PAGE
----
Quote of the Week“If black folks want to be free, they must want to be educated. Without freedom of mind there can be no true and lasting freedom.”
— bell hooks
- Today is the last day to get BSU apparel for only $20. We accept cash or venmo @rockyduggles. 4 months ago
- We would like to thank our Black History Month keynote speaker Reverend Irene Monroe for an incredible talk... fb.me/6puEvJYkX 4 months ago
- facebook.com/events/7346223… Please check out this amazing event on Thursday! fb.me/MZGIU6bX 4 months ago
Tagsactivism afro-latino awkward biraciality Black cast Black History Month blacks black star cinema claim Clarence Thomas class community culture of poverty discourse domestic violence economy employment fashion freedom summer fun gender general discussion gentrification good times GOP graffiti harlem harlem renaissance hate crime Hip-Hop humor interracial relationships latin communities latino/a Martin Luther King Jr. Michelle Obamas Mississippi models Mountain Top movies music Muslim news Obama Obamas pariah poetry politics poverty poverty issue race racism racism in america racism today red tails religion solidarity speech statistics stereotypes stigma Supreme Court theatre Uncle Tom unity vogue voting WCRC wililams college williams college winter study women of color yale youtube
Monthly Archives: March 2012
A little background. I wrote this poem for a class my sophomore year. I was having a very race conscious semester, taking the following classes: 20th Century Black Poetry,
Capitalism and Slavery, and Interracial Interactions and Inter-group Dynamics. Needless to say I took in a lot of information and my last class, a poetry writing class, gave me a venue to express my thoughts. Hope you enjoy.
Souls of Black Folk
by Brian Thomas
And blue like denim,
Blood diamond ring.
Life for me lacks Sympathy, I know why
Caged bird sings. I
Child of century 21st, am product of degradation,
Son of segregation.
Board supports my education
So mind lacks walls and structure
Lips stutter from hesitation.
Coach-class citizen in dire need
From this prison, I’ve been trapped,
Since moment of conception,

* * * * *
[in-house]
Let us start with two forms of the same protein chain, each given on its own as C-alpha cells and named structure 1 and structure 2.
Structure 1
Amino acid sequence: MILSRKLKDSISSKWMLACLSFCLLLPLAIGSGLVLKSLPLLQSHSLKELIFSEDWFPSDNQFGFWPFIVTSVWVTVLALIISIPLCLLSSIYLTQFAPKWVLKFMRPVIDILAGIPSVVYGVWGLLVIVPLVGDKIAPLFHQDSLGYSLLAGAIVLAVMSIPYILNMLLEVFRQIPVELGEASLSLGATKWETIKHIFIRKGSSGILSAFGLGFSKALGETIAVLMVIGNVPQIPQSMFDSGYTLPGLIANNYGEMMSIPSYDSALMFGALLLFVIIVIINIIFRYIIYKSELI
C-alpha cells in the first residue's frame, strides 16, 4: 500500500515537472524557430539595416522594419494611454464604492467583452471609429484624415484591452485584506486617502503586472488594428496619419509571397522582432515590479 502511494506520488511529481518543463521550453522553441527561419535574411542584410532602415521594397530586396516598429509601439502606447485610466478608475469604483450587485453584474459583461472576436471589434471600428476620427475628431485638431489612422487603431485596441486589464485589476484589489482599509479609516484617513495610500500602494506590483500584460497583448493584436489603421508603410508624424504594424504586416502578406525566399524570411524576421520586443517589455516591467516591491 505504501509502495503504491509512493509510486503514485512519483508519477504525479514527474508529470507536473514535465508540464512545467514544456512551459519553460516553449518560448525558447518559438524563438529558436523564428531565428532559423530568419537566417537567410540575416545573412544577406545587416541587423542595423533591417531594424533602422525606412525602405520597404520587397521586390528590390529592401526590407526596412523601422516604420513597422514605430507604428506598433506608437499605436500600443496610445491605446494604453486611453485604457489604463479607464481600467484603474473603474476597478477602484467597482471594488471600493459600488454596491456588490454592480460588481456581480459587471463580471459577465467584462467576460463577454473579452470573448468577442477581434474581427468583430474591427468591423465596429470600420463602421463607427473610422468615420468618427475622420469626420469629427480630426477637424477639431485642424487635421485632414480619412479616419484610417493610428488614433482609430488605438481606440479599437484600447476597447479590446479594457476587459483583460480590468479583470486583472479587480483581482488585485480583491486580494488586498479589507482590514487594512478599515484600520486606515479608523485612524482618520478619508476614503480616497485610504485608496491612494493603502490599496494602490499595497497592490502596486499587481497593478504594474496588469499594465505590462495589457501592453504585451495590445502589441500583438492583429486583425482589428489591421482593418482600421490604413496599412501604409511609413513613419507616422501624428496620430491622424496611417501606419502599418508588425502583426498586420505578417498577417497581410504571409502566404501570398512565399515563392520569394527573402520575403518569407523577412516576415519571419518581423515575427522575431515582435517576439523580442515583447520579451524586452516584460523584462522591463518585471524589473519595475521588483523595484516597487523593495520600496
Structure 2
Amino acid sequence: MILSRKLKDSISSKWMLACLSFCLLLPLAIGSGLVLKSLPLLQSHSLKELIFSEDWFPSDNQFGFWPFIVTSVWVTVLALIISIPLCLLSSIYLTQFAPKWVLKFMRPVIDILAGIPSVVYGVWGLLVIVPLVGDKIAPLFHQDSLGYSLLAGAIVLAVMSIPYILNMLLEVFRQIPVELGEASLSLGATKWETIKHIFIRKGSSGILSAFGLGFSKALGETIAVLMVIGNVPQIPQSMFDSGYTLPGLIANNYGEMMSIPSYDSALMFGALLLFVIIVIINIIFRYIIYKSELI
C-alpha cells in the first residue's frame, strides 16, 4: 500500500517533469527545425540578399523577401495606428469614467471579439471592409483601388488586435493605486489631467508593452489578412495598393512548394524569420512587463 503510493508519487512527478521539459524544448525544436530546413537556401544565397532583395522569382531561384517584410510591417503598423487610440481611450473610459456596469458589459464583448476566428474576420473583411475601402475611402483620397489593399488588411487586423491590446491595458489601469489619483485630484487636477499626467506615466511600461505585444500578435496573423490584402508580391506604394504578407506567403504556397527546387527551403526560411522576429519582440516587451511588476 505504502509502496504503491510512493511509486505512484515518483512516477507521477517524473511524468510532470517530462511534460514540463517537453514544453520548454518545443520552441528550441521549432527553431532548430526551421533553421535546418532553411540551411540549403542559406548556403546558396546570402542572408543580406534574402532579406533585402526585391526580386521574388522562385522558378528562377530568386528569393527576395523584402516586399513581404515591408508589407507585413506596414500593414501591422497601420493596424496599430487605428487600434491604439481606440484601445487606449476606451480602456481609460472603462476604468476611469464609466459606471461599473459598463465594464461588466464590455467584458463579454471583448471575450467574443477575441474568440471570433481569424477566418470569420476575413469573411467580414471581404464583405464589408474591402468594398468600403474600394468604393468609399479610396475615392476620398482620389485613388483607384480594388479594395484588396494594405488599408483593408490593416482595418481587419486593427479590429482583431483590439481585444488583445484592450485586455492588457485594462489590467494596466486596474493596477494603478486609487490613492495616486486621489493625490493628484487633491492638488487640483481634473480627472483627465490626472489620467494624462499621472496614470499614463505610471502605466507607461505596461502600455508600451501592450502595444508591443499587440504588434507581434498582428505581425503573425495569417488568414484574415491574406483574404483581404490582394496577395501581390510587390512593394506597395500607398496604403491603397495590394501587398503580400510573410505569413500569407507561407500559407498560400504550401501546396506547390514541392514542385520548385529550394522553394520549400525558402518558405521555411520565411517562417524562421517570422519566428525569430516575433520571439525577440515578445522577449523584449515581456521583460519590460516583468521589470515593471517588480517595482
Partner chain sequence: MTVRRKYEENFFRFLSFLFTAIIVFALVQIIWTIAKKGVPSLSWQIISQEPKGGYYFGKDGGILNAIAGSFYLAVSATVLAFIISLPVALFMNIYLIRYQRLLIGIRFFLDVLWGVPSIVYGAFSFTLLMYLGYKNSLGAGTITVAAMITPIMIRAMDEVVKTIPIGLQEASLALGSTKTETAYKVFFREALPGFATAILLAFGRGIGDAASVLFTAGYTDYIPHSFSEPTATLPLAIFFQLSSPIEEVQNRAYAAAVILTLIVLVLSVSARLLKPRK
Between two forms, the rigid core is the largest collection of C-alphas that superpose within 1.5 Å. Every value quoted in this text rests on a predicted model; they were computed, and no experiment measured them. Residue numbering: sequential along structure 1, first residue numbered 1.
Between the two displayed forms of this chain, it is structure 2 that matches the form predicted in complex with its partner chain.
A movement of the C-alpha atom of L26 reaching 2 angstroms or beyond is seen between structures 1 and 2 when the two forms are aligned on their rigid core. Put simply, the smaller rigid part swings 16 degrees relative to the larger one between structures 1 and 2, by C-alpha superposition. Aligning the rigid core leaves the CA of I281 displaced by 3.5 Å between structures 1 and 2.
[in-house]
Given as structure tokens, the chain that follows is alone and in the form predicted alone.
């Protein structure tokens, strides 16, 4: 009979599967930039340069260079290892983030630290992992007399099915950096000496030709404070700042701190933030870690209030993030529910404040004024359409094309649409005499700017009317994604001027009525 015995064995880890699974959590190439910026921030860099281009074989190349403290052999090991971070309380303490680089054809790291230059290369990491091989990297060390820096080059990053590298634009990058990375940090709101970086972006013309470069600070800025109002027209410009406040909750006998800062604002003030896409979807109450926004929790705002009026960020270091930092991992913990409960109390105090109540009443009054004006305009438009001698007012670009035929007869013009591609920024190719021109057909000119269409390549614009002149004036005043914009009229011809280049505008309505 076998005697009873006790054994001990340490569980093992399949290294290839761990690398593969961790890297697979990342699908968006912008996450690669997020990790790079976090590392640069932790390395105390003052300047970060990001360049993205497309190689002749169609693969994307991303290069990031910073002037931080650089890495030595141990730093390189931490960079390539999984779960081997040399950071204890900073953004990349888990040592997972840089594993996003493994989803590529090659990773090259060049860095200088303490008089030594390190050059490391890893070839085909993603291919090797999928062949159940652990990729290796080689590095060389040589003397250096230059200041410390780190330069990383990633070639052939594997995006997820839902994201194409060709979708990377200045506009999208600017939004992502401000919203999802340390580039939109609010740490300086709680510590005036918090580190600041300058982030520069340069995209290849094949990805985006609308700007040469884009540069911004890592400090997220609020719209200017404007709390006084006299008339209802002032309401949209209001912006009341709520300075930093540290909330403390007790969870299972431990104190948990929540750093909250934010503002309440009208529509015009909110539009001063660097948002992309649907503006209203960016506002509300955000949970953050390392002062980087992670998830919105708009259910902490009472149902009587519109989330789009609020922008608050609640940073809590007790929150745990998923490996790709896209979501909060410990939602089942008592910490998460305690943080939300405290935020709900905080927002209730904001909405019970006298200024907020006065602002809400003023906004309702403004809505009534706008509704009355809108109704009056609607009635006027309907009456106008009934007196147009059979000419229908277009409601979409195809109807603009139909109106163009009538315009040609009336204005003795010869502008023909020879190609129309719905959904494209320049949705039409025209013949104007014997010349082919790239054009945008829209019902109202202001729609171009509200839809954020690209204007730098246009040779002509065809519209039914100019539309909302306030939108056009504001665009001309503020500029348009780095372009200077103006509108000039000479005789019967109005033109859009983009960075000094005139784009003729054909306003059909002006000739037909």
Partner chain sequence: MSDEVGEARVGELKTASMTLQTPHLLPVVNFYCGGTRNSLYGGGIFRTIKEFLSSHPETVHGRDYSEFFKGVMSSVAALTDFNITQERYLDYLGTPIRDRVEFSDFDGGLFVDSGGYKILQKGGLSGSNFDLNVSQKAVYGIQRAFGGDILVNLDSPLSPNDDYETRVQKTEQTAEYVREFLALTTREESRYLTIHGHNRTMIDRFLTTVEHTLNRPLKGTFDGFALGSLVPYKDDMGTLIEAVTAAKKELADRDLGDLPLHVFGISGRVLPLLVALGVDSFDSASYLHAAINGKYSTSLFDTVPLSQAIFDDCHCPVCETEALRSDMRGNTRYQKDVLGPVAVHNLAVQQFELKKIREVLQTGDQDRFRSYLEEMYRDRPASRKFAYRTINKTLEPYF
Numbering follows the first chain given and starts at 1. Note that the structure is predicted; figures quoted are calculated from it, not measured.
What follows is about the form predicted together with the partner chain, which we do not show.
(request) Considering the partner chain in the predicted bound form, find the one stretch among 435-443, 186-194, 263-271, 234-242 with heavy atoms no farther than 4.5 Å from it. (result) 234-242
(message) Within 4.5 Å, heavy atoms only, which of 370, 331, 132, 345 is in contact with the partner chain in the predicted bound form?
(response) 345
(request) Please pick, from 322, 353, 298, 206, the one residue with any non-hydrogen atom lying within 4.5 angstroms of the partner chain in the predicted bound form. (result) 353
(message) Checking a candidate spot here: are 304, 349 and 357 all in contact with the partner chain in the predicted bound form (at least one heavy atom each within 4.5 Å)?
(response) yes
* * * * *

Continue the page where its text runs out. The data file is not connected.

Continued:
Cell of color.
I lack stage direction.
There is no guide. No voice that calls,
“Follow drinking gourd.”
No tracks to freedom
The ticket, cannot afford. They robbed me
Took claim of legacy.
Ripped from robes, left in rags,
No trace of history. Erased,
Replaced with self-flattering fabrication
Speak of white man’s burden.
Ego stroke, a master-bation. But my mind,
Though it can’t understand
Why I’ve lost so much
Because the back of my hand
Does not match the shade
Of skin on my palm.
And there in lies my sadness
They say I don’t belong.
This one came with a caption, which read:
I thought it was a pretty powerful image, but the words only highlighted it’s strength. Just thought I’d share.
When Lupe Fiasco dropped his most recent album, Lasers, I must admit I was not as impressed as I would have like to have been. However, I did like this song, “All Black Everything,” a lot. There were a number of names and terms thrown around that I had heard recently in a lot of my classes, so I felt very intelligent.
However, I got into a debate with a friend of mine who just wasn’t feeling it. She contended that song was too inaccurate for her to take it seriously, specifically Lupe’s assertion in the hook that, were it not for imperialism, slavery wouldn’t have existed in Africa. She pointed out to me that slavery had existed everywhere, including Africa, prior to European imperialism and the Triangular Slave Trade. These were all point I couldn’t deny, but I still loved the song.
Personally, I felt that Lupe was playing off of cultural norms, stereotypes and expectations, while also trying to describe his idealized world. So I post this song and ask this question. What does your dream world look like?
For a long time I’ve contemplated writing a post about the murder of Trayvon Martin. After reading a number of blogs, seeing numerous pictures on facebook, and attending a rally in Union Square (NYC), I have found myself conflicted. There have been many issues raised in relation to this shooting: the pervasiveness of racism in America, the reality of racial profiling, the response of Black America to this shooting, the response of rest of America to this shooting from the perspective of Black America, the response of politicians and T.V. personalities to this shooting… and the list goes on.
However, one thing that is certain is that this young man died way before his time. Not only as a Black male who could have just as easily met the same fate, but as a human being who is appreciative for every second God has bestowed upon me, I say rest in peace to Trayvon Benjamin Martin. You died way before your time. My condolences to your family.
While I wish it was possible to conclude this blog post here, the implications of race are so ingrained that they are impossible to ignore. I can honestly say that I don’t know the best way to articulate all of my thoughts and feelings in clear and concise way, but I did come across an article in Time Magazine that drew my attention. I’m going to post the link below for anyone interested.
I don’t really have any words of comfort for anyone who has been affected by this crime in the same or more dramatic fashion as myself. But, these lyrics have been stuck in my head and heart from the time I was a child and have be resonating from my lips for the last few hours. I hope it helps.
Lift every voice and sing,
till earth and heaven ring,
Ring with the harmonies of liberty;
Let our rejoicing rise
High as the listening skies,
Let it resound loud as the rolling sea.
Sing a song full of the faith that the
dark past has taught us,
Sing a song full of the hope that the present has brought us;
Facing the rising sun of our new day begun,
let us march on till victory is won.
Love to learn and learn to love. Lest we forget where we have stepped.